Many people are afraid to deal with container gardening.  They think it is too difficult or too expensive.  On the contrary, it is actually very easy and can be quite inexpensive!  Here we explore the ease of setting up your first container garden, as well as the expenses involved.

We’re going to walk you through the process of setting up your first container garden.  In this example, we will be growing some basil.

Step One:  Purchase your container gardening supplies.  You will need the following items for this example.  Three plastic pots with drainage holes in the bottom, preferably with trays underneath to catch soil and water drainage, about 5-6 inches in diameter, and 5-6 inches deep, one packet of basil seeds, one small bag of organic compost, one small bag of peat moss, one small garden trowel, one small watering can or clean spray bottle, and one very sunny windowsill (or a florescent or halogen grow light if no sunny window is available.)  The total cost for these materials will be somewhere around $20 or less if you have a sunny windowsill.  If you need a grow light, that will cost an additional $15-$20.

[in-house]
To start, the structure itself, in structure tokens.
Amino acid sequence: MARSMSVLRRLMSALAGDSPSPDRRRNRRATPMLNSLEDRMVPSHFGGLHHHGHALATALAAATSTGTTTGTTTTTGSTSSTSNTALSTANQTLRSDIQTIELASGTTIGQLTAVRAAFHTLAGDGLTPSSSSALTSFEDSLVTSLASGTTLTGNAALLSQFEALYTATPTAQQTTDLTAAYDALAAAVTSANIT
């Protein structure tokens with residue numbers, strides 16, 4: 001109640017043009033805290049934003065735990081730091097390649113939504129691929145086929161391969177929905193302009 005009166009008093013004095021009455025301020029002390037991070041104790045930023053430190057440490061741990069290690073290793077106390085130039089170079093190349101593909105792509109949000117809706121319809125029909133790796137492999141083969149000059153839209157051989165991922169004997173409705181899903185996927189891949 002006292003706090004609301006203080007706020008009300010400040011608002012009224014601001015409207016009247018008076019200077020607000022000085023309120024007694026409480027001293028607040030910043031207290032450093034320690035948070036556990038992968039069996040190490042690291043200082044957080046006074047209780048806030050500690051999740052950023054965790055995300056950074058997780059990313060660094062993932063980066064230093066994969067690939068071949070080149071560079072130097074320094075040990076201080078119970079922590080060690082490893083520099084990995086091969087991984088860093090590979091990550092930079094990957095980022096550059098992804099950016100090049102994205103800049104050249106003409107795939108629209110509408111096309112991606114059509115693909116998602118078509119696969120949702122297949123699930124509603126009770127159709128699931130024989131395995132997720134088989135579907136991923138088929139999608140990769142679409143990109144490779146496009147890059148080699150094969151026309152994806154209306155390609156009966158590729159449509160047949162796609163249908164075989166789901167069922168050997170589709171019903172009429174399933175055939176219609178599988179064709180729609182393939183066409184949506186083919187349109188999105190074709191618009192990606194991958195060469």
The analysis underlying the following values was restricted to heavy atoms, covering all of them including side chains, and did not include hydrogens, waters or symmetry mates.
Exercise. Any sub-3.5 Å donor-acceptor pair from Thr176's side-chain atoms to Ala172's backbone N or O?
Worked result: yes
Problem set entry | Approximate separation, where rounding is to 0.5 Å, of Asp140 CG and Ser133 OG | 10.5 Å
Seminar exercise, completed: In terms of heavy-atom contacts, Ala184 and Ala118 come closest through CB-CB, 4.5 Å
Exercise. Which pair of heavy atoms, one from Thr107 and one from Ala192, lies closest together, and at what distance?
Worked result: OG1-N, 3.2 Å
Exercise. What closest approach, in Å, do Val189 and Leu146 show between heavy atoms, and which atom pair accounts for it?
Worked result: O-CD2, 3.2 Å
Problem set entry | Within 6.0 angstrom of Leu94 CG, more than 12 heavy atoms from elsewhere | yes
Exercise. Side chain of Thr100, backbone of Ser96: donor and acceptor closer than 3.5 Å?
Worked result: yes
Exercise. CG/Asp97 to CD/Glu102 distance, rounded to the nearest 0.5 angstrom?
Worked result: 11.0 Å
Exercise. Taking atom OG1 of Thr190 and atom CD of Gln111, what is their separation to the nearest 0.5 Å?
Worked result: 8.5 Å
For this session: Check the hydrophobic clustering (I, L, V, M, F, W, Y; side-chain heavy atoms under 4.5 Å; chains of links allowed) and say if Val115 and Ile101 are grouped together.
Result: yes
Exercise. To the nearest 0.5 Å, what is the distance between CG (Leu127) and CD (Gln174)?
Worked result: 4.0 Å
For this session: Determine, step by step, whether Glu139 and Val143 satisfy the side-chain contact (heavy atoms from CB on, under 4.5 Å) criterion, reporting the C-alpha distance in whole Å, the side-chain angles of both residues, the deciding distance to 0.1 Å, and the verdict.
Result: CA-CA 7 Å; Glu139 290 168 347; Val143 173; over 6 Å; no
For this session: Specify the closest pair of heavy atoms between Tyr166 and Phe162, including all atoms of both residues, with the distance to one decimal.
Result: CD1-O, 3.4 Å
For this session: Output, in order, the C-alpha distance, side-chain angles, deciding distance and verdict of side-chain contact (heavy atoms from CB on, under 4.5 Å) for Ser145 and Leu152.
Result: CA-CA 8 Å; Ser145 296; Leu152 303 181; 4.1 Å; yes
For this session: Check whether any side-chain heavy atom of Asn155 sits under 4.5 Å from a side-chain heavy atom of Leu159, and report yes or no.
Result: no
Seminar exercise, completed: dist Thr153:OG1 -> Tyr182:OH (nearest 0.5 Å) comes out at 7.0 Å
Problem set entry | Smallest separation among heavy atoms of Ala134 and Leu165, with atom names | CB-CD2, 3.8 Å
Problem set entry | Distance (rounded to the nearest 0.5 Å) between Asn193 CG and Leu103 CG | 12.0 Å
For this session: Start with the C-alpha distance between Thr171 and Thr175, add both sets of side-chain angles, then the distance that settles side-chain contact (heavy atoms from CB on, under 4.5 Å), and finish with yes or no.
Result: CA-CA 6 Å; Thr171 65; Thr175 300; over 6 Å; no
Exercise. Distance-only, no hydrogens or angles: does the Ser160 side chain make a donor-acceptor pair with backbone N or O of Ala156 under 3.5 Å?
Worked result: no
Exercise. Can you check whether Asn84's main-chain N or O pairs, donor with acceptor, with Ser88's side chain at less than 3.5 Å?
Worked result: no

Step Two:  Prepare the soil.  Mix together 1 part peat moss with 5 parts compost.  (For every one trowel full of peat moss, put in 5 trowels full of compost.)  Fill the three pots up to about ½ inch from the top with this mixture.

Step Three: Plant the seeds.  Simply make a hole about 1 inch deep in the center of each pot with your finger.  Put about three seeds into each hole.  Then cover the seeds with soil.  Water lightly and place in the windowsill or under a grow light.  Once the seeds sprout and reach about 2 inches in height, remove any extra sprouts so that you only have one plant in each pot.

Step Four:  In order to care for your plants, all you need to do is water them regularly and keep them maintained.  Check the soil daily for moisture.  Whenever the soil feels dry, water lightly.  To maintain the bushy growth, pinch off the tops of each stem every couple of weeks and remove any flower stalks as soon as you see them growing.

Remember that many things can be containers if you are on a limited budget and most towns have compost sites and what I use in my container for my soil – so when you are out shopping at your favorite flea markets or rummage sales – keep your eyes open for little jewels like the cup and saucer above planted with hens and chicks/